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Mitawali, Padavali, and Bateshwar temples – are a magnificent trio of heritage structures situated in the Morena district of Madhya Pradesh.

The temple are heritage structures dating back to the 8th-10th century, built during the Gurjara-Pratihara dynasties. The Bateshwar group of temples is not just one temple, but a group of about 200 Hindu temples made of sandstone. All the temples are mostly small and are spread over 25 acres of land. Temples are dedicated to Shiva, Vishnu, and Shakti – representing the three major traditions within Hinduism.

As we enter the Bateshwar temples, one will be awed by the intricate carvings and exquisite beauty of these ancient structures. It’s hard to imagine the amount of effort and skill it must have taken to create these masterpieces so long ago. The temples were destroyed after the 13th century, but it’s not clear if this was due to an earthquake or Muslim forces. Some of them have been reconstructed by the Archaeological Survey of India in their original form. The good thing is that the forest nearby is full of beautiful birds like peacocks, parakeets, and kingfishers. You can often spot the national bird perching and posing on the rooftop of the temples.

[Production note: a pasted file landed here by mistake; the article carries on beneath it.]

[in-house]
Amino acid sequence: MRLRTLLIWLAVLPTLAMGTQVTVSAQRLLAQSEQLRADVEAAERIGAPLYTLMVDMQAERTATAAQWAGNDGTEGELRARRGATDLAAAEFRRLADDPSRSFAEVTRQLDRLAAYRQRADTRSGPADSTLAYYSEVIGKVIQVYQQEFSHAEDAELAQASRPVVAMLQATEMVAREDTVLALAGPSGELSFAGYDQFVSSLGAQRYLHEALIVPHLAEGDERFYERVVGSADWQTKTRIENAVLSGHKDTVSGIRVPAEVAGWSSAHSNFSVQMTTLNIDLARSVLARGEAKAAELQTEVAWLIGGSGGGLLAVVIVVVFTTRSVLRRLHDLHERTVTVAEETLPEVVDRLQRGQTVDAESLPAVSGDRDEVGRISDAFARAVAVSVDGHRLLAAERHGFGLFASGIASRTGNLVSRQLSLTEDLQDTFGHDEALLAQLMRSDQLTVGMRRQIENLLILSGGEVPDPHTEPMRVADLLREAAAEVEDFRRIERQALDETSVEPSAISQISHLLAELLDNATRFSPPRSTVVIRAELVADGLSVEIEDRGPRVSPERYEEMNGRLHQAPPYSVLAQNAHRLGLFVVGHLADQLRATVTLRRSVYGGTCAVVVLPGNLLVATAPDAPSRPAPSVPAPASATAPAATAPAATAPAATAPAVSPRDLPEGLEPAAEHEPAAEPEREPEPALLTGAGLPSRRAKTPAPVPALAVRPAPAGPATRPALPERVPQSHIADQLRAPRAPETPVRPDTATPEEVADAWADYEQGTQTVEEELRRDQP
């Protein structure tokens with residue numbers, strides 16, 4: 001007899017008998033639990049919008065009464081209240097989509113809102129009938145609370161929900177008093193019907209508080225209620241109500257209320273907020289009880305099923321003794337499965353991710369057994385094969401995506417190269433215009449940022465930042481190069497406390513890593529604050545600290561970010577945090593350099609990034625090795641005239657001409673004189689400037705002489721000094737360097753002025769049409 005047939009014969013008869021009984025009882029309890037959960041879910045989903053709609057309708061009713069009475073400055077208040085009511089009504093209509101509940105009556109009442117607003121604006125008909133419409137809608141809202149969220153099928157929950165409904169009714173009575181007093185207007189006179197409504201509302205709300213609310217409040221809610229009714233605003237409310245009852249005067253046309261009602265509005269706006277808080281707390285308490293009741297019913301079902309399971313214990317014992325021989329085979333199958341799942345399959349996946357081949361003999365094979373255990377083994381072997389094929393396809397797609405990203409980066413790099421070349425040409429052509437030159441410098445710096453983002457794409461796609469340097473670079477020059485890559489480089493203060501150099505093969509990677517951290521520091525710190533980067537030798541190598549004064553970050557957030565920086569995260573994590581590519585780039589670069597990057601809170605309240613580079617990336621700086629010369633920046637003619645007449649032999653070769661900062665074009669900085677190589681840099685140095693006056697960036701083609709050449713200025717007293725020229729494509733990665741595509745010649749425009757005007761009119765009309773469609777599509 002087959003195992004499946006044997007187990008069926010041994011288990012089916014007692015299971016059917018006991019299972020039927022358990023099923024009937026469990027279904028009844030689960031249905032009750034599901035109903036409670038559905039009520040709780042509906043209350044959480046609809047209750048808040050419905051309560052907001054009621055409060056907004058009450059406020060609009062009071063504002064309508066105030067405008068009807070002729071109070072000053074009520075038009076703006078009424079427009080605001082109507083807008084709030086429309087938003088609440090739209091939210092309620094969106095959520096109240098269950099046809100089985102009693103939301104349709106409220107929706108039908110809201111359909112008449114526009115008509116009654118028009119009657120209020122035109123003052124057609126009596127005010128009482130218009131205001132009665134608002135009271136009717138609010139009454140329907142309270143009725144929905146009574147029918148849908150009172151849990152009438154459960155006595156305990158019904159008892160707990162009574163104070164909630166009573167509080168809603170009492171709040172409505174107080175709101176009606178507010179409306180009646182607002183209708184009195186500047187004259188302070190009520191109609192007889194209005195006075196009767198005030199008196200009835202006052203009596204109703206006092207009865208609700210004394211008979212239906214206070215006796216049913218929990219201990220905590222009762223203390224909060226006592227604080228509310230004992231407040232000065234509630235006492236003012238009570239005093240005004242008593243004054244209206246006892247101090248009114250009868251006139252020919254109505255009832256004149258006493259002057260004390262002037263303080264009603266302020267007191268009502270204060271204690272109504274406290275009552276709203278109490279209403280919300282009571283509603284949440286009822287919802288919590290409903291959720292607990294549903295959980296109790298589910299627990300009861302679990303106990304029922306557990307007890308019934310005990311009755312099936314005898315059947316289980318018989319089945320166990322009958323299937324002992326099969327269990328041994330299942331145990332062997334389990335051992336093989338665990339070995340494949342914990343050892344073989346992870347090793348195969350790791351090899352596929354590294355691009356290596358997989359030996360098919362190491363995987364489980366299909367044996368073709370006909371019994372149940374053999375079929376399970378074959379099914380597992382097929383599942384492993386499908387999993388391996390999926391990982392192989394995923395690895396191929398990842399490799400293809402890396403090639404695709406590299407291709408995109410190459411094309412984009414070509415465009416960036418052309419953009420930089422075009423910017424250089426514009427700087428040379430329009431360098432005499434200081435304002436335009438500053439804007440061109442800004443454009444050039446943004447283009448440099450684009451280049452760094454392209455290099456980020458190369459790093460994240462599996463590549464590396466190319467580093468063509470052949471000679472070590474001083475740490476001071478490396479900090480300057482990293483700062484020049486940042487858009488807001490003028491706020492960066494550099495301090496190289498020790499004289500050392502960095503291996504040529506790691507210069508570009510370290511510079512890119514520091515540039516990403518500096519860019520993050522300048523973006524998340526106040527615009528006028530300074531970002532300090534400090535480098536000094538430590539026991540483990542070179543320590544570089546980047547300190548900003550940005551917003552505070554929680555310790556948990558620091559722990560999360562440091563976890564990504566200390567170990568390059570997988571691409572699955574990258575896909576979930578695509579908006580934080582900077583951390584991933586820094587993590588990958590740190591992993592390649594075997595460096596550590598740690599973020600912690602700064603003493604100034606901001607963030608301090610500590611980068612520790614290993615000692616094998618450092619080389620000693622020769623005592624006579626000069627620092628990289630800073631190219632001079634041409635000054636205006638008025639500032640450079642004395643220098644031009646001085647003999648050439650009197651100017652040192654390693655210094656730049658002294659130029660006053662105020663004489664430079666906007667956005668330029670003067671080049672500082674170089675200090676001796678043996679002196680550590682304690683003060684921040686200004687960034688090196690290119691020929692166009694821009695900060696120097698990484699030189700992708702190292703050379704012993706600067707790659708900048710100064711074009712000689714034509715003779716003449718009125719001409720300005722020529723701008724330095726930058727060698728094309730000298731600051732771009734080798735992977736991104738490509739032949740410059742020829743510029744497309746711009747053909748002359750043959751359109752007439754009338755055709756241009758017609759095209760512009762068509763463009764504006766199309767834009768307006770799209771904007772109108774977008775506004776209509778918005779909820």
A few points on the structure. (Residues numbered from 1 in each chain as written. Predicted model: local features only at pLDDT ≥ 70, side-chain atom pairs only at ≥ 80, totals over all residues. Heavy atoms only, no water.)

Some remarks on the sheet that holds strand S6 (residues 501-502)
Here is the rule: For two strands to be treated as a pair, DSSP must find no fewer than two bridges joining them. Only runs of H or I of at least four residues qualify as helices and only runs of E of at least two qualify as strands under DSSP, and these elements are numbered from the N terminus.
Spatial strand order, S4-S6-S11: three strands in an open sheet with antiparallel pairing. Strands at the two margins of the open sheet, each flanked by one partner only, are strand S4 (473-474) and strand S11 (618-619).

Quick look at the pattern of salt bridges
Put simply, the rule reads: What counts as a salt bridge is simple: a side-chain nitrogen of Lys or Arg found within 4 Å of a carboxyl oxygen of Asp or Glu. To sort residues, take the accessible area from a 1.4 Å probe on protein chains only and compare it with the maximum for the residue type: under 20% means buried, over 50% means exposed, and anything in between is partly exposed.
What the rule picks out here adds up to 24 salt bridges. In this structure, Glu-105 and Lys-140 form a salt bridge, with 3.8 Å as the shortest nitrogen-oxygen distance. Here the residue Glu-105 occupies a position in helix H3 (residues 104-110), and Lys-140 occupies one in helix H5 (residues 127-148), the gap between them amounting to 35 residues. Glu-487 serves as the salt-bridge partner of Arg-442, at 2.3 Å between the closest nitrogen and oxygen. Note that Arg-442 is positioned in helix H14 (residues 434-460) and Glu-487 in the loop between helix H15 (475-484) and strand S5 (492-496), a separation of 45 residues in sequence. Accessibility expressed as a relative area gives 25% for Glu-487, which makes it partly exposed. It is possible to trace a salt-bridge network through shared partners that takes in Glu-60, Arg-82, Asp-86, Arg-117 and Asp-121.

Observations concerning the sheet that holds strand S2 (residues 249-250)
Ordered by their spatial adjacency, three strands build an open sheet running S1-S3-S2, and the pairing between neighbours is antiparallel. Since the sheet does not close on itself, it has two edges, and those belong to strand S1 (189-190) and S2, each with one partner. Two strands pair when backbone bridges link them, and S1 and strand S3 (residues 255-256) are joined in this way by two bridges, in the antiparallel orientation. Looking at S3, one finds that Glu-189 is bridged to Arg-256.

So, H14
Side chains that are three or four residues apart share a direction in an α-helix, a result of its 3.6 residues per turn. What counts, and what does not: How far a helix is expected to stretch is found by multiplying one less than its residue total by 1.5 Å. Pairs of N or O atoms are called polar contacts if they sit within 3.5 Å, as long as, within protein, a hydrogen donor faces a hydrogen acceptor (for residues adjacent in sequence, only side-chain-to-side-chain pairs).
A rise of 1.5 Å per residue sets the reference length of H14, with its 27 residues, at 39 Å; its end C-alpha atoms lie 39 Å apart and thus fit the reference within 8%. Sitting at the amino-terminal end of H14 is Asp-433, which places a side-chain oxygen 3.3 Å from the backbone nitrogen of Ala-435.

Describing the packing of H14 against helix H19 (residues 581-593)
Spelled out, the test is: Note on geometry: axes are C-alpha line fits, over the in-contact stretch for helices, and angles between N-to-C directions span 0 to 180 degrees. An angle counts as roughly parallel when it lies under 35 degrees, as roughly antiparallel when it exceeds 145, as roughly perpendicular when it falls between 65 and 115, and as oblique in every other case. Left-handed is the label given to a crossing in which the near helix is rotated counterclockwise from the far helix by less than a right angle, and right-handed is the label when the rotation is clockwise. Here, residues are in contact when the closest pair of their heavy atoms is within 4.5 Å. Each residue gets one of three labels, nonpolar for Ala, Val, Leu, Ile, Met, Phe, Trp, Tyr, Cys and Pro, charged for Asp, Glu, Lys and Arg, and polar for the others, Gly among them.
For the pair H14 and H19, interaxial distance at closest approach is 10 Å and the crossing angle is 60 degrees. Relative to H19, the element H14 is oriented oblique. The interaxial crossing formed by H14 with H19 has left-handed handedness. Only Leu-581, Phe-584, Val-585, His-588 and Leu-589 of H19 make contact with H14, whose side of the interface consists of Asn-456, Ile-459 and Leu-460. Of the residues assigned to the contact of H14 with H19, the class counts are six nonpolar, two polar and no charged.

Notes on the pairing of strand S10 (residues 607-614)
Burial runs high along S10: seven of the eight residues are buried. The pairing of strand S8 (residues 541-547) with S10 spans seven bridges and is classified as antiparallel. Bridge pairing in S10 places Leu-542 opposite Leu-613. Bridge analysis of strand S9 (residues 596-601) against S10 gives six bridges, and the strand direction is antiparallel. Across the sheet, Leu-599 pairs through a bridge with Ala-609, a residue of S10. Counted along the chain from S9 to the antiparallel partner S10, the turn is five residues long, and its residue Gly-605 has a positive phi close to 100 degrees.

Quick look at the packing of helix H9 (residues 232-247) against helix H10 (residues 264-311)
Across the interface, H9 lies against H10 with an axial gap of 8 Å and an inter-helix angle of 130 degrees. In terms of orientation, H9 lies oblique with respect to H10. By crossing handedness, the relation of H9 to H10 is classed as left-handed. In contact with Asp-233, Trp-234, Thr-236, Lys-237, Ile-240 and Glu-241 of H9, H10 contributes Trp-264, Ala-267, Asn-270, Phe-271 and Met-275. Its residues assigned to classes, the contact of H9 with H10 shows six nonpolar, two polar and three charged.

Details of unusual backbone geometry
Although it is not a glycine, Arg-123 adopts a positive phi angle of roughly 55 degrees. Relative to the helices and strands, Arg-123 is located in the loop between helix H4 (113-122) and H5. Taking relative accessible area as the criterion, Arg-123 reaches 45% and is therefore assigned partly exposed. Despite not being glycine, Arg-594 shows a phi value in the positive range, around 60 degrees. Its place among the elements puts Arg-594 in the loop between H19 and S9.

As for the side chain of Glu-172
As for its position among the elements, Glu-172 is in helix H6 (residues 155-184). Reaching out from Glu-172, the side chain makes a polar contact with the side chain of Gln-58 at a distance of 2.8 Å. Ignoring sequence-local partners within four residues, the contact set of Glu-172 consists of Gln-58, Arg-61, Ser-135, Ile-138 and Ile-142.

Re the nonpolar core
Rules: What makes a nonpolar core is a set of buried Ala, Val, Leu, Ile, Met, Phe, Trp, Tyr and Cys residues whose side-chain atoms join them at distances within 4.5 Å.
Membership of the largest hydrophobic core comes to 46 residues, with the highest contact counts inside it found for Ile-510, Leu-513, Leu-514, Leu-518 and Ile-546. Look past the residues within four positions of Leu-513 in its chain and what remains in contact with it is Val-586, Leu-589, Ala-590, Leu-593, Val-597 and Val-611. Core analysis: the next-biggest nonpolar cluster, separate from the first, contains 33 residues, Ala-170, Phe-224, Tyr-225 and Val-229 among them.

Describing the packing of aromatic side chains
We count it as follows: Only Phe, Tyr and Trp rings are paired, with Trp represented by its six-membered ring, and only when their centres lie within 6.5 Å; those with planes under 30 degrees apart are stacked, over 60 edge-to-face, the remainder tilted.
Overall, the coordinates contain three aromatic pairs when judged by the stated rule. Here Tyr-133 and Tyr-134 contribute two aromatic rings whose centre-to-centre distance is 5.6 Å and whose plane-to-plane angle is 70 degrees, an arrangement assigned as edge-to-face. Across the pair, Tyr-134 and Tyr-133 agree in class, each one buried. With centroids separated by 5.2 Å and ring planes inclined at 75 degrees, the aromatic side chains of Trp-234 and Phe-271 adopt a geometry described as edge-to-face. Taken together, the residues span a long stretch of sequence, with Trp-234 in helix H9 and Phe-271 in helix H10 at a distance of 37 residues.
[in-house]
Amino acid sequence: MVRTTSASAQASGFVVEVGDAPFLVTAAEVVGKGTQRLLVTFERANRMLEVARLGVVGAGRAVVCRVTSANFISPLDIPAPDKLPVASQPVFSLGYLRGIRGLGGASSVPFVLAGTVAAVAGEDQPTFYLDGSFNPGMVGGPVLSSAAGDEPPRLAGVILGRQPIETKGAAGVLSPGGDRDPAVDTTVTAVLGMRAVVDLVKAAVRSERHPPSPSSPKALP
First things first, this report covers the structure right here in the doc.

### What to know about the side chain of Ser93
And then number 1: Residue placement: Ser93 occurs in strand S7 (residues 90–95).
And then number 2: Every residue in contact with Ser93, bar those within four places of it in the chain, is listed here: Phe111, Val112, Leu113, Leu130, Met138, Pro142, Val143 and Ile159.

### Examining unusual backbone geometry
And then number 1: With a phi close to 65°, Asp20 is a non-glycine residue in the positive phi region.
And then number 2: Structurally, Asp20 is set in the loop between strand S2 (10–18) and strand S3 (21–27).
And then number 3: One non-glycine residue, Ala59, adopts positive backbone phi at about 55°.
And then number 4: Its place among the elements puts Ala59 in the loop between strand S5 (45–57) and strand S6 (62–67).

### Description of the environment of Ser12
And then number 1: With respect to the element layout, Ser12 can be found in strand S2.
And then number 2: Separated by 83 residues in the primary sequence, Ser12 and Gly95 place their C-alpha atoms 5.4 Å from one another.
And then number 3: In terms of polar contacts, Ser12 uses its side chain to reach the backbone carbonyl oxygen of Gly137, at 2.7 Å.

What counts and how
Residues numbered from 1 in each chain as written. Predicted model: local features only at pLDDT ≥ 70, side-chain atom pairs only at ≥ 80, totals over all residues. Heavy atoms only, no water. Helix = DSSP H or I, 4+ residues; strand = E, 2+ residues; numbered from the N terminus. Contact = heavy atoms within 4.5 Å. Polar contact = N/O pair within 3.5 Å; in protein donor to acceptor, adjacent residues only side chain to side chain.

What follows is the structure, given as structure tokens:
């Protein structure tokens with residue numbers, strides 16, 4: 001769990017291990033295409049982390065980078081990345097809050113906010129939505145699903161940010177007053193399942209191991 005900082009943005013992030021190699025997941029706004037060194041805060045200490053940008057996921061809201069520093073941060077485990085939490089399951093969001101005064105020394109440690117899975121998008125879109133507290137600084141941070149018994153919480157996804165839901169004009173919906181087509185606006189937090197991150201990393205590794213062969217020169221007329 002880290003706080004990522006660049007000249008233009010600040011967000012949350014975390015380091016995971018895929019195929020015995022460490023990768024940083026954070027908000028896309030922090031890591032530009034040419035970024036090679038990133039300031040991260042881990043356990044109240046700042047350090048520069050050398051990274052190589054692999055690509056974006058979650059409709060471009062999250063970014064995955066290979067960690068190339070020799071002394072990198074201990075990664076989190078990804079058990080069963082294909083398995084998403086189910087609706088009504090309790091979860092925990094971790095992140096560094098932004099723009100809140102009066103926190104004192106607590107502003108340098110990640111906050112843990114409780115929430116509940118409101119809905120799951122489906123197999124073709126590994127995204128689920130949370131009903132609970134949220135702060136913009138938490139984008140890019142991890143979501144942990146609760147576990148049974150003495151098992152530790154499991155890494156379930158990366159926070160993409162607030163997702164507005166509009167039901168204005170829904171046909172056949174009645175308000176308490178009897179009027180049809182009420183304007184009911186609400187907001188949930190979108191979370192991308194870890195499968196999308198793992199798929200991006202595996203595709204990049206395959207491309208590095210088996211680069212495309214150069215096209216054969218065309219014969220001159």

After visiting and offering prayers in Bateshwar temples, one can headed to the heritage fortress of Padavali, which is situated just 2 km away. The Jat Ranas of Dhaulpur built the Padavali fort in the 18th century. The fort also houses many ancient temples, which have intricate carvings and even erotic carvings! One of the temples is famously known as mini Khajuraho for its erotic carvings.

As we walk around Padavali, one couldn’t help but admire the grandeur of Indian architecture. The temples were discovered in 2005 as a result of excavation by the ASI, and the archaeological work is still ongoing. Most of the temples here are dedicated to Shiva and Vishnu and are believed to have been built around the 8th-10th century AD, mainly using red sandstone.

Our last stop was the village of Mitawali, where the popular Chausath Yogini Temple lies. The temple is perched atop a hill surrounded by lush greenery. A climb of approximately 100 steps takes you to the beauty of this splendid round temple. The striking views will definitely have you reaching for your camera too! As claimed by etchings and engravings in the temple.

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